struggling in the tension between indoctrinated speed for excellence and my home-brewed impatience i read the lines of paul stoller, as usually creating a healing space for confused mid-weeks:
“Perhaps it is old fashioned of me to suggest a slower more thorough journey toward excellence in a time when the expedient solution or the expedient path is frowned upon. Is it so terrible when it takes years for a person to master a skill and apply it skillfully. Among the Songhay people of Niger, specialists must apprentice many years to master their skill. My teacher of things Songhay, Adamu Jenitongo studied healing for 40 years before he began to practice his skills. The slow movment ha snot yet reached government or the academy. In my discipline of anthropology, for example, it is expedient to latch on to the moment’s theory or the subject of contemporary interest. This tendency sometimes means that we shut our eyes to the partially known past and ignore the future. In the slower environment, mastery of any skill takes time and the master’s greatest charged is to pass his or her knowledge to the next generation.
What mastery do we have today in our culture of expedience? If the response to the oil spill in the Gulf of Mexico is indicative, we have very little mastery at all. The wholesale ignorance of Islam suggest a lack of willingness to confront complex ideas and practices. These tendencies rise to the surface in an ongoing culture of expediency. And I’m afraid that our fast and furious pace will lead us a graduate social decline if not an unexpected crash.”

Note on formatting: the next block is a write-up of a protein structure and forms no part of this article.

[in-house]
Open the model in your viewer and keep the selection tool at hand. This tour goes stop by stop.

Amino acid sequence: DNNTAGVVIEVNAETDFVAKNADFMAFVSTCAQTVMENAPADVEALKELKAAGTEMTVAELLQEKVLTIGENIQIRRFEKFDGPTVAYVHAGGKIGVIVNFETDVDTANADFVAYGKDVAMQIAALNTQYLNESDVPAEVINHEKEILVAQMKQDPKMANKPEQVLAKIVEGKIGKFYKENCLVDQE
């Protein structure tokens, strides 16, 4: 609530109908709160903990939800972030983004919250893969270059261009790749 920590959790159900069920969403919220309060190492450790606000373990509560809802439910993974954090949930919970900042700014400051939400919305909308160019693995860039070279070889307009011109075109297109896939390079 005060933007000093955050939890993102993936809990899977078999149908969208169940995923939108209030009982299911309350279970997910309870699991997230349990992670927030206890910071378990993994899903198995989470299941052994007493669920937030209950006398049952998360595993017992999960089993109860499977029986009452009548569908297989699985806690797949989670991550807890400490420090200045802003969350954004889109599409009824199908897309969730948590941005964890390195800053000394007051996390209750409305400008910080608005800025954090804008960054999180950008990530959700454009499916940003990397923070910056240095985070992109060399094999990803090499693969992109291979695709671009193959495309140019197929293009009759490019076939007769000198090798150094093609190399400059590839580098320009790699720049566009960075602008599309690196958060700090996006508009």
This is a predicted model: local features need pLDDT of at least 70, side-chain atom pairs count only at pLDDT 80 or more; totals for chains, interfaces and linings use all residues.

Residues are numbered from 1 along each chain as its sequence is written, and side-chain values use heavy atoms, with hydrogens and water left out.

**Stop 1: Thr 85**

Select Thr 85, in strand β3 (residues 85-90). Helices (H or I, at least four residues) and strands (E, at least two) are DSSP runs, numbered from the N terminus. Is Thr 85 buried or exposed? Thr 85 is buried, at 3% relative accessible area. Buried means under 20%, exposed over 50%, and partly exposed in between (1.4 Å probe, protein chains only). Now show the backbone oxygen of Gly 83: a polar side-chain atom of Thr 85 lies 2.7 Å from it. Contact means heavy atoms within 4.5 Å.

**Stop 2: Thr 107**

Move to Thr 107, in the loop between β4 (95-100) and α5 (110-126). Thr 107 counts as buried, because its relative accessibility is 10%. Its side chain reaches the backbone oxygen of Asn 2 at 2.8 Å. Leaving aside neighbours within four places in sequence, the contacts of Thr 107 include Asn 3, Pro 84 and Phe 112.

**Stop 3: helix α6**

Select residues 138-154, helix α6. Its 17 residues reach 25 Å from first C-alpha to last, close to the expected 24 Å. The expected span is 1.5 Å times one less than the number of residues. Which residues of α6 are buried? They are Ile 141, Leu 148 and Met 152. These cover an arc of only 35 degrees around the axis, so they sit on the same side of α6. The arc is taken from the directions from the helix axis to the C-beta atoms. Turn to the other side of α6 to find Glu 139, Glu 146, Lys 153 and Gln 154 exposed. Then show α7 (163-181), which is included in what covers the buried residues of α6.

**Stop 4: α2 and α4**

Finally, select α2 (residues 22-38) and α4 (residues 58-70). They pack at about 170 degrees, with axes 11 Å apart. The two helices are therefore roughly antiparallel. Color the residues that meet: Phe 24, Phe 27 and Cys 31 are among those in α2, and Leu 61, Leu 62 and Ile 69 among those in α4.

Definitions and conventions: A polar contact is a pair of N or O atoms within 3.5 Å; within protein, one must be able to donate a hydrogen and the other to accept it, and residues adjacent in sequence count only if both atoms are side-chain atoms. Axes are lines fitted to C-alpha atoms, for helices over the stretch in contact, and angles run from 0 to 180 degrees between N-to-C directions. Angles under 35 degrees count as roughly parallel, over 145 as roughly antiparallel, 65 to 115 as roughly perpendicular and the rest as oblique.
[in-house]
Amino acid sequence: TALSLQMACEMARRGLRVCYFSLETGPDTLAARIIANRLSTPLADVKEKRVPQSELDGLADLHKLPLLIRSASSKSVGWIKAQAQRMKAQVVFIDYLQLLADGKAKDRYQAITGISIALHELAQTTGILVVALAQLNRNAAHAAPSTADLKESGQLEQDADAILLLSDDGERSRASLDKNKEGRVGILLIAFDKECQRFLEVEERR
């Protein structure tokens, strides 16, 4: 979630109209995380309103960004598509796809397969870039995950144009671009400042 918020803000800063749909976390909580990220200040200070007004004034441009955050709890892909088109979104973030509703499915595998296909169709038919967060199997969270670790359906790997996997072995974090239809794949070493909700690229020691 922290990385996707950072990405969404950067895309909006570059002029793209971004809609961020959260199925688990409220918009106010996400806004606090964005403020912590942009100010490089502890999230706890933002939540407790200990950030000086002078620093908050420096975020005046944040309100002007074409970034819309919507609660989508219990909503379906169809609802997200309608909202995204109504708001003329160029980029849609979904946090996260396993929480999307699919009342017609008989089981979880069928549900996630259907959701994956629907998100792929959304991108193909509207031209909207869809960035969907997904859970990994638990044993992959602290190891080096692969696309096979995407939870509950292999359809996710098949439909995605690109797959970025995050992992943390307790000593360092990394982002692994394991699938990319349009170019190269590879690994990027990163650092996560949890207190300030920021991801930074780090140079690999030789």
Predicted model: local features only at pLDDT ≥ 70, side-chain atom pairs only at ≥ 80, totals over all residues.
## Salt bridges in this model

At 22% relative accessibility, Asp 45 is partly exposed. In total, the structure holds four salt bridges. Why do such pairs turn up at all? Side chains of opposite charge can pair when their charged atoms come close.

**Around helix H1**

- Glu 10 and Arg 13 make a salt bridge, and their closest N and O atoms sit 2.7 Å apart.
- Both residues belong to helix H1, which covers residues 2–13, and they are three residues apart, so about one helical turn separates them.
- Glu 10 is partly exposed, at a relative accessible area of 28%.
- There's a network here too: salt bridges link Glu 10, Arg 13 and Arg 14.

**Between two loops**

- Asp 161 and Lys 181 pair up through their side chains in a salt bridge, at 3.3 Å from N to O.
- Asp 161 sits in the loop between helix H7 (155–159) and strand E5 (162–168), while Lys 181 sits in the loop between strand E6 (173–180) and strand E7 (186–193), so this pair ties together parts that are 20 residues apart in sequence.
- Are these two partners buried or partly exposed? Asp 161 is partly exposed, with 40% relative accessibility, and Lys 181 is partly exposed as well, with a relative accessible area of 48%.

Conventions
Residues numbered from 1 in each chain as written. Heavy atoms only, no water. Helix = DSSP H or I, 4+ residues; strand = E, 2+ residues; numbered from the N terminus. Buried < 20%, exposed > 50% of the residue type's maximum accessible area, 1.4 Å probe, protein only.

(excerpt from The Culture of Expedience)
conceptualizing an afternoon that took the topic of ‘waiting’ serious as a cultural practice we have lost skills in; a close one commented on the duration of the workshop – ‘don’t you think three hours is too long? who has time for that?‘ her question was reasonable and justified – in the lives we agree on living we run from one encounter to the other & find being overworked attractive, as it suggests success and multi-sided capacities.
i believe the question that stoller puts is very worthwhile: what mastery do we have in our culture of expediency? what do we really know by heart? by heart. we struggle with a mastery of the heart, as we live lives of affairs, of jumping from here to there and facing challenges on the run, like a bad coffee to go, just because it keeps your hand busy. i study the work of my man and am amazed by his patience to listen to one sequence of notes for a felt century, over and over again. i see the hastiness with which we cling onto and give up on dreams, and i feel a sadness that must transfer itself into activism. i feel how the grip of expediency is strong and appealing; how i incorporate aspects of the fast-forward aesthetics, the project-related biographies we lead and consider fashionable, and how only resilience can cure, i assume.
considering langmut as a strategy for maieutics of what is there inside of us, or what could be there if we allowed ourselves to listen for the right moment (i once attended a course given by tim hagemann who changed my reading of rhetorics as a whole – from my perception of it as an ignorant and elitist subject to a holistic, philosophical realm of beauty – and that of slowness and patience) is nothing less than an, even if small, act of simmering resistance against the superficiality disguised as speed and alleged complexity.
this does not equal laziness, in fact it is the opposite. agreeing with a superficial ‘culture of expediency’ shows a severe form of idleness, the laziness of the heart. the ‘too’ dominates our discourses – too complex, too edgy, too this and that. for what again? the question, in anthropology as in everyday life remains: how can we transform ourselves and our societies from outposts of pushing and reinforcing the frontiers of expediency to unruly spaces of commitment?